As of today (3 November 2014), the UK Living Wage has been set at £7.85 per hour, benefitting 35,000 low-paid workers across the country who are employed by more than 1,000 Living Wage accredited organisations.
The new rate an increase of 2.6 per cent on the 2013 rate is 21 per cent higher than the national minimum wage of £6.50 per hour. The Living Wage rate for London has been set at £9.15.
Rhys Moore, director, Living Wage Foundation said:
“As the recovery continues it’s vital that the proceeds of growth are properly shared. It’s not enough to simply hope for the best. It will take concerted action by employers, government and civil society to raise the wages of the five million workers who earn less than the Living Wage.
“The good news is that the number of accredited Living Wage employers has more than doubled this year – over 1,000 employers across the UK have signed up. In the last 12 months the number of Living Wage employers in the FSTE 100 has risen from four to 18 including Canary Wharf Group and Standard Life.
“Low pay costs the taxpayer money – firms that pay the minimum wage are seeing their workers’ pay topped up through the benefits system. So it’s right that we recognise and celebrate those employers who are voluntarily signing up to the higher Living Wage, and saving the taxpayer money in the process.
“The Living Wage is an independent calculation that reflects the real cost of living, rewarding a hard day’s work with a fair day’s pay.”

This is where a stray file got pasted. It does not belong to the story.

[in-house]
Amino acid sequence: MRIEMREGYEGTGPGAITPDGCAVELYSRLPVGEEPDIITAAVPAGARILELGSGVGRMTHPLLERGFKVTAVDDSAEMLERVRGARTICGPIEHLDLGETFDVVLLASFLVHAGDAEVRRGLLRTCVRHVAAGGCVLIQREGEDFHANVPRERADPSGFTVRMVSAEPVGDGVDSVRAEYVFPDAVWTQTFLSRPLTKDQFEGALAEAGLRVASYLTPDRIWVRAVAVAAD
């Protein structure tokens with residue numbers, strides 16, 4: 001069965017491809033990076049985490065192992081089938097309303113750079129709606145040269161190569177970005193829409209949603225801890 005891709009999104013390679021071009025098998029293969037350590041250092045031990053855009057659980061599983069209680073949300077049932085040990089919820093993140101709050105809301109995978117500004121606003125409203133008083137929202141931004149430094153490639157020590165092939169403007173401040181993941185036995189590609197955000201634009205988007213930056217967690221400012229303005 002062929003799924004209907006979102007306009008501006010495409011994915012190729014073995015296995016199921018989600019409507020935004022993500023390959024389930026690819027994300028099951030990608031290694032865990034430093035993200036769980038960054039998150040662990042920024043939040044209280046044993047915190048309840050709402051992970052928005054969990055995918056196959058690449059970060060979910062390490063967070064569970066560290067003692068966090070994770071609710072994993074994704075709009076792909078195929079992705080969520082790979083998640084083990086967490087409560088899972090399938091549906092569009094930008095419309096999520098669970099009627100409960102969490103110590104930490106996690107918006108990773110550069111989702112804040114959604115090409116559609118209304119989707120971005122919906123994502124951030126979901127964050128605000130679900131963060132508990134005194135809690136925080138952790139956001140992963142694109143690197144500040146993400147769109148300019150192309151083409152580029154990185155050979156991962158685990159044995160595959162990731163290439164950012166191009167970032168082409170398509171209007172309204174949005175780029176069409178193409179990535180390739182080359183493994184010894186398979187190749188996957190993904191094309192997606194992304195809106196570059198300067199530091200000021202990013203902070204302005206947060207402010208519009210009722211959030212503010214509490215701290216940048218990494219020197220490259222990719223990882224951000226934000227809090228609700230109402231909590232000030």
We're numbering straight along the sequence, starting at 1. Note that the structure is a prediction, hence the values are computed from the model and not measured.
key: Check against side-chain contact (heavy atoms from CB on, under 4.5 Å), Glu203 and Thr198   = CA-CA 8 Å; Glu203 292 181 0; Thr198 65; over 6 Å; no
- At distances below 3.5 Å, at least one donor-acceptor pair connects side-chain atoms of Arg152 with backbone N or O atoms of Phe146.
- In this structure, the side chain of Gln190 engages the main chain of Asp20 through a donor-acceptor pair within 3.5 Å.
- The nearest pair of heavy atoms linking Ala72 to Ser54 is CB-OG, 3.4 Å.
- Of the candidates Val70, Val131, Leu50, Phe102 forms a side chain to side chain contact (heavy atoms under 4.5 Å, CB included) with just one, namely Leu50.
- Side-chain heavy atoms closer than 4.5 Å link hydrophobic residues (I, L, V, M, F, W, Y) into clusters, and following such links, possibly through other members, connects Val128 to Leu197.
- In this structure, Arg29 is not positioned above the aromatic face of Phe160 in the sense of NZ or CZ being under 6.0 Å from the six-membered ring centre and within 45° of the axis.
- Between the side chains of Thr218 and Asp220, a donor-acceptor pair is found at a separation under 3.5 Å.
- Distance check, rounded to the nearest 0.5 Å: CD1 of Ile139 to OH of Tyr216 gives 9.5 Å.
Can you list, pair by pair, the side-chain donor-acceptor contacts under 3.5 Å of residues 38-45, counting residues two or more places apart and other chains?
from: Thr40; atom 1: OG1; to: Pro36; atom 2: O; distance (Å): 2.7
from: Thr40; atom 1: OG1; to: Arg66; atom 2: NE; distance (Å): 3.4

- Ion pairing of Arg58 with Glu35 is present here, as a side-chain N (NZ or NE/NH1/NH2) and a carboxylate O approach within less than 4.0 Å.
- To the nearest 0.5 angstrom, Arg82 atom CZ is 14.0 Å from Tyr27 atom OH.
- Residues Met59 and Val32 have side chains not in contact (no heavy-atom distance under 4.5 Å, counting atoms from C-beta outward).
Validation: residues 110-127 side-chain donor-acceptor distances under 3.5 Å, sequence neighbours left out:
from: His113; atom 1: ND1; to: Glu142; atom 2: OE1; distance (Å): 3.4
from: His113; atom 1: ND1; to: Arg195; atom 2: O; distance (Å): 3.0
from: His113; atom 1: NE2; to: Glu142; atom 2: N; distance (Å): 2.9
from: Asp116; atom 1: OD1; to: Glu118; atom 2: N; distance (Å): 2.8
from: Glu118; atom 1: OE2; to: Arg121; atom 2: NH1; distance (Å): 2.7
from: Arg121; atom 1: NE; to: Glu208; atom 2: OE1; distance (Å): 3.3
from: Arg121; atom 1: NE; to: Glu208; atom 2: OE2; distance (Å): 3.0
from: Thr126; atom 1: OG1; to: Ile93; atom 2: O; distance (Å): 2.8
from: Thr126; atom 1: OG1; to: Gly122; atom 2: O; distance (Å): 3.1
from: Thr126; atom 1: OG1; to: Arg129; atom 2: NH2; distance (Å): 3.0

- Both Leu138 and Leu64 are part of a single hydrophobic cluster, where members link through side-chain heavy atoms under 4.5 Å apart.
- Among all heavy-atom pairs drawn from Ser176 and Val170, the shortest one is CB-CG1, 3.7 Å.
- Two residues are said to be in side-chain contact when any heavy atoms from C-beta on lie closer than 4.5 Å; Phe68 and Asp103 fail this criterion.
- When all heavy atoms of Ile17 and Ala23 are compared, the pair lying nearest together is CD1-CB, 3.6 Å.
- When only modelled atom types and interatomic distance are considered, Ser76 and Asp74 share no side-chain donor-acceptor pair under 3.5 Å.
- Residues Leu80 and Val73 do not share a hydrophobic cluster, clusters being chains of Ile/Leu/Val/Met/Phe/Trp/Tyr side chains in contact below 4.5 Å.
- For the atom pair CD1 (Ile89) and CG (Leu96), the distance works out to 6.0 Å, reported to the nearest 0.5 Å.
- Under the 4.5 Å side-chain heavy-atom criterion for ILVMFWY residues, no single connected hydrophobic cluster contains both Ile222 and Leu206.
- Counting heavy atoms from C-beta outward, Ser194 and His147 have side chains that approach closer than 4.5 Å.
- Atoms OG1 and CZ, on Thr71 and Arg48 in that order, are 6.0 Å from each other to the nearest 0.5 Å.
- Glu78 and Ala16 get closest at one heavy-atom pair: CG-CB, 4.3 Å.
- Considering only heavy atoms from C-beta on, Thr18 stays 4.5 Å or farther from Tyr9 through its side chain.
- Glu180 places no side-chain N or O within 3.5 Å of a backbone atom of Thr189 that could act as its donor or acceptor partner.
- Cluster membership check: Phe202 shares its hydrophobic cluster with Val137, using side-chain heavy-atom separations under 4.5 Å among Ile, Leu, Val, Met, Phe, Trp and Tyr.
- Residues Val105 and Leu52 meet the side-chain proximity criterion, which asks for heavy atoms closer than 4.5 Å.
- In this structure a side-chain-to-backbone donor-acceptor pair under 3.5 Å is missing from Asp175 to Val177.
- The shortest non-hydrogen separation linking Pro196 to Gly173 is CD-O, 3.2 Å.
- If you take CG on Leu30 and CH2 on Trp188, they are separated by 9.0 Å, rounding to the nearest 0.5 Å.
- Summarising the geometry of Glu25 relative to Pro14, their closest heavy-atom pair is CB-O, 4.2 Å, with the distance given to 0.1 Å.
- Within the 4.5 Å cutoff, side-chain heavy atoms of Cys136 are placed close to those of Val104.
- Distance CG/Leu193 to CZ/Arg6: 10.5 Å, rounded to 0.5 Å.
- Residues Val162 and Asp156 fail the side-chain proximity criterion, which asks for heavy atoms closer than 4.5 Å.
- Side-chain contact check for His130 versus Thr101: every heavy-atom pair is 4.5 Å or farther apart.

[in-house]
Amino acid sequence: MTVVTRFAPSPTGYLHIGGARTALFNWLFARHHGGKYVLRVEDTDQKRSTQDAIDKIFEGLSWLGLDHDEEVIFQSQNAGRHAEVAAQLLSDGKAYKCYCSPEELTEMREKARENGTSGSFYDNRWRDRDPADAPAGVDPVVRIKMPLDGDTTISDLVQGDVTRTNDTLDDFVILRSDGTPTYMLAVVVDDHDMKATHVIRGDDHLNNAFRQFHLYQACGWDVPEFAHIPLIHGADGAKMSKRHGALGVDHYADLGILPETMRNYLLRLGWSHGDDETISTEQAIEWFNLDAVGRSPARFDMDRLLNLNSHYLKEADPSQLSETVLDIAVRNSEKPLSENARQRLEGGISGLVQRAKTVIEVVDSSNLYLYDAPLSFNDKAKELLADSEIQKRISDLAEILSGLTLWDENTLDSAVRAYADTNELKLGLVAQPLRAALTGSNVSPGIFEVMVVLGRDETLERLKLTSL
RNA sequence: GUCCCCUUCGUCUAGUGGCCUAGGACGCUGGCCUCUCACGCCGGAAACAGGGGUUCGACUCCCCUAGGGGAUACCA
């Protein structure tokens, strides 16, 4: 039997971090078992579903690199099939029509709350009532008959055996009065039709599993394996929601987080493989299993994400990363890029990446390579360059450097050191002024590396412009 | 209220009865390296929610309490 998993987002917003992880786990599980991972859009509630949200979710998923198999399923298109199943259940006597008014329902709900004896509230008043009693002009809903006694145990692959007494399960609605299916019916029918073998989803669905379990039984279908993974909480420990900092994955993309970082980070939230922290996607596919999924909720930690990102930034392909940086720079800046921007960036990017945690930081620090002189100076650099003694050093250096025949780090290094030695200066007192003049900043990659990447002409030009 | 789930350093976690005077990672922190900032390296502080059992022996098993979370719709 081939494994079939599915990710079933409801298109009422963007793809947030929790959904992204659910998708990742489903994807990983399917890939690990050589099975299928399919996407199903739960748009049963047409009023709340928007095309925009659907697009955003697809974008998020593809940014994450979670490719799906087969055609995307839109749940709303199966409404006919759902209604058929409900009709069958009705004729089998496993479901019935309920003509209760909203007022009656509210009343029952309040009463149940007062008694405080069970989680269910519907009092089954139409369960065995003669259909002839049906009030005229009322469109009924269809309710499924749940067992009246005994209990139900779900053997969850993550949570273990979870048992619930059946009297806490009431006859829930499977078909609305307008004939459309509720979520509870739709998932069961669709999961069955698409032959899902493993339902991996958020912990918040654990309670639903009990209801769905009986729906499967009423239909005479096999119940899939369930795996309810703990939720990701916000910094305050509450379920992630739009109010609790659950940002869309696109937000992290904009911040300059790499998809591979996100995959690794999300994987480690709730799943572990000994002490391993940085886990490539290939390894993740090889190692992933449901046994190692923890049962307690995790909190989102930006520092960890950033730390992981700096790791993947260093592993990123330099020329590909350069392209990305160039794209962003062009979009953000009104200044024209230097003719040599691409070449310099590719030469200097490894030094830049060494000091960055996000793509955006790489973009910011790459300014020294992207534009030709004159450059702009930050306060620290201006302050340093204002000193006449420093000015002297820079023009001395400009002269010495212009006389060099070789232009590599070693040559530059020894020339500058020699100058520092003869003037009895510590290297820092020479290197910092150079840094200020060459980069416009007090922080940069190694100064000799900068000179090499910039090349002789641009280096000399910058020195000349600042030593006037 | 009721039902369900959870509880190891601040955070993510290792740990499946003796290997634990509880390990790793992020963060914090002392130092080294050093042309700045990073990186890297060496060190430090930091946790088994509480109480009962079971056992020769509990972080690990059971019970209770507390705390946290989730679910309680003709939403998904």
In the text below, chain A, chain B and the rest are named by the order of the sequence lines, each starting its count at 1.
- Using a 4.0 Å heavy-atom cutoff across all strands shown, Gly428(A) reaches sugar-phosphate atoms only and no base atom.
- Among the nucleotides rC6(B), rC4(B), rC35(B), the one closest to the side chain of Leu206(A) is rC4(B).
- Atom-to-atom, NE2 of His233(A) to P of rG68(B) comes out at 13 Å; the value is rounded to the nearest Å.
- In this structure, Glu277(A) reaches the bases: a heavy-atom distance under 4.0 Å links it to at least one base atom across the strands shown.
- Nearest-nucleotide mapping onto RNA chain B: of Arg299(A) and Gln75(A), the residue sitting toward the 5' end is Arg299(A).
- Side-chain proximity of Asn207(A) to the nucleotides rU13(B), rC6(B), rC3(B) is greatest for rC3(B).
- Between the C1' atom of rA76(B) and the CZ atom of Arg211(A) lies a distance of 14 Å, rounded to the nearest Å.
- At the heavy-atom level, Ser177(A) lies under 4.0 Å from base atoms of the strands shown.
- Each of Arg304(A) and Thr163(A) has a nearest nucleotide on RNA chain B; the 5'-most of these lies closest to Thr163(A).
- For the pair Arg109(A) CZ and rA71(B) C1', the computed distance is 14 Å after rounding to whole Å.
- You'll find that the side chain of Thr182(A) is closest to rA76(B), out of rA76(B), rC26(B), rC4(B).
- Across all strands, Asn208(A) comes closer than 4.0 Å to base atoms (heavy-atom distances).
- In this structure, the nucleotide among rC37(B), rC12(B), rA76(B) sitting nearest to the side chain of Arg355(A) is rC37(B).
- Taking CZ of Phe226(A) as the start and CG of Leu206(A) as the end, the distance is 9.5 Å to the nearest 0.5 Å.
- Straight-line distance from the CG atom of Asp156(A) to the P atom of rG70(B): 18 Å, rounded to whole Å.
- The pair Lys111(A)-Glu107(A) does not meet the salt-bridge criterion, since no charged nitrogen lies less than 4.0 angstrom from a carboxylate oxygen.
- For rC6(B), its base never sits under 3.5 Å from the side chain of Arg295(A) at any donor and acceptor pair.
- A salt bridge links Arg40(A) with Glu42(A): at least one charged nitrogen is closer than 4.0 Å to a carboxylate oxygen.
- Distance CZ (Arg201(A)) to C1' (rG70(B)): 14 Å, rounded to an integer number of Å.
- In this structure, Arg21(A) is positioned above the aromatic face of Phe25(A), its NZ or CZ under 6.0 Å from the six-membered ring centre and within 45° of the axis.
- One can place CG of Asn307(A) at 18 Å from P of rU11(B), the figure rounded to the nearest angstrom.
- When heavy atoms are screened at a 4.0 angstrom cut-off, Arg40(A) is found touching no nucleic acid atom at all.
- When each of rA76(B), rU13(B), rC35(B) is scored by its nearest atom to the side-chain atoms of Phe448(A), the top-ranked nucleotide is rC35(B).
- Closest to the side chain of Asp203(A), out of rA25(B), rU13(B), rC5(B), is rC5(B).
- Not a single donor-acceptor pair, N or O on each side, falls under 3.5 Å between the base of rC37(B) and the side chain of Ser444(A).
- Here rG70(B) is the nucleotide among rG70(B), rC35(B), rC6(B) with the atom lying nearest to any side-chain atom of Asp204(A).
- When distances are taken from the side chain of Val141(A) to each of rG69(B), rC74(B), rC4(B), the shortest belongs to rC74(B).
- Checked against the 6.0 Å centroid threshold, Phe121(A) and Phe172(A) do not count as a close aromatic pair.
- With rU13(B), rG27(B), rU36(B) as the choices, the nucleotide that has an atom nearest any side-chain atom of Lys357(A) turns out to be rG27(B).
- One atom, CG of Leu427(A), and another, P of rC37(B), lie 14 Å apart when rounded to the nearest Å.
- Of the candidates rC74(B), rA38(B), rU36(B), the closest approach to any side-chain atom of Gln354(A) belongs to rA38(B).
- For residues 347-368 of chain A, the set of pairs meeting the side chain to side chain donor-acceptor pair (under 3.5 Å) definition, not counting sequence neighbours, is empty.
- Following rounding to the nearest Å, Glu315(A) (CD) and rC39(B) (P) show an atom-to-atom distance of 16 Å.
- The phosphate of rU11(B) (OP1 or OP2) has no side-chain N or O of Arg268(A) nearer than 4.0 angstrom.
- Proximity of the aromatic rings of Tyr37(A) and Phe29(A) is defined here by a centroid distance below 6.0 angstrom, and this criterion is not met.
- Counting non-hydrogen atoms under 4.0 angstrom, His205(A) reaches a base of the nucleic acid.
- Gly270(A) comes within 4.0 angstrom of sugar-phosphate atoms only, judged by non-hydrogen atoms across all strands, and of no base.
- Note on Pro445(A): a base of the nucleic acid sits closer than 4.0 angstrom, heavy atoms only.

The rate announcement coincides with research released by KPMG, one of the Living Wage Foundation’s principal partners, which revealed that 5.28 million UK workers are being paid less than the Living Wage, with large numbers of employees working in the retail, catering and care sectors, clustered around minimum wage pay levels.
Mike Kelly, head of Living Wage, KPMG said:
“Far too many UK employees are stuck in the spiral of low pay. The research identifies statistics and trends, but it also reports the concerns of people earning below the Living Wage who expect their finances to worsen during the next 12 months and shows that debt levels have continued to rise among this group.
“Unless wages rise, a significant sector of the UK population will see themselves caught between the desire to contribute to society and the inability to afford to do so.
“Business benefits of the Living Wage include higher retention and productivity, and over 1,000 responsible businesses recognise this. The Living Wage may not be possible for every business, but is certainly not impossible to explore the feasibility of paying it.”
The Living Wage is calculated by the Centre for Research in Social Policy, Loughborough University, whilst in London, the rate is set by the Greater London Authority and is based on a combination of a basic living costs approach and income distribution, with respect to a variety of household types which takes account the unique circumstances of living in London.
Employers choose to pay the Living Wage on a voluntary basis.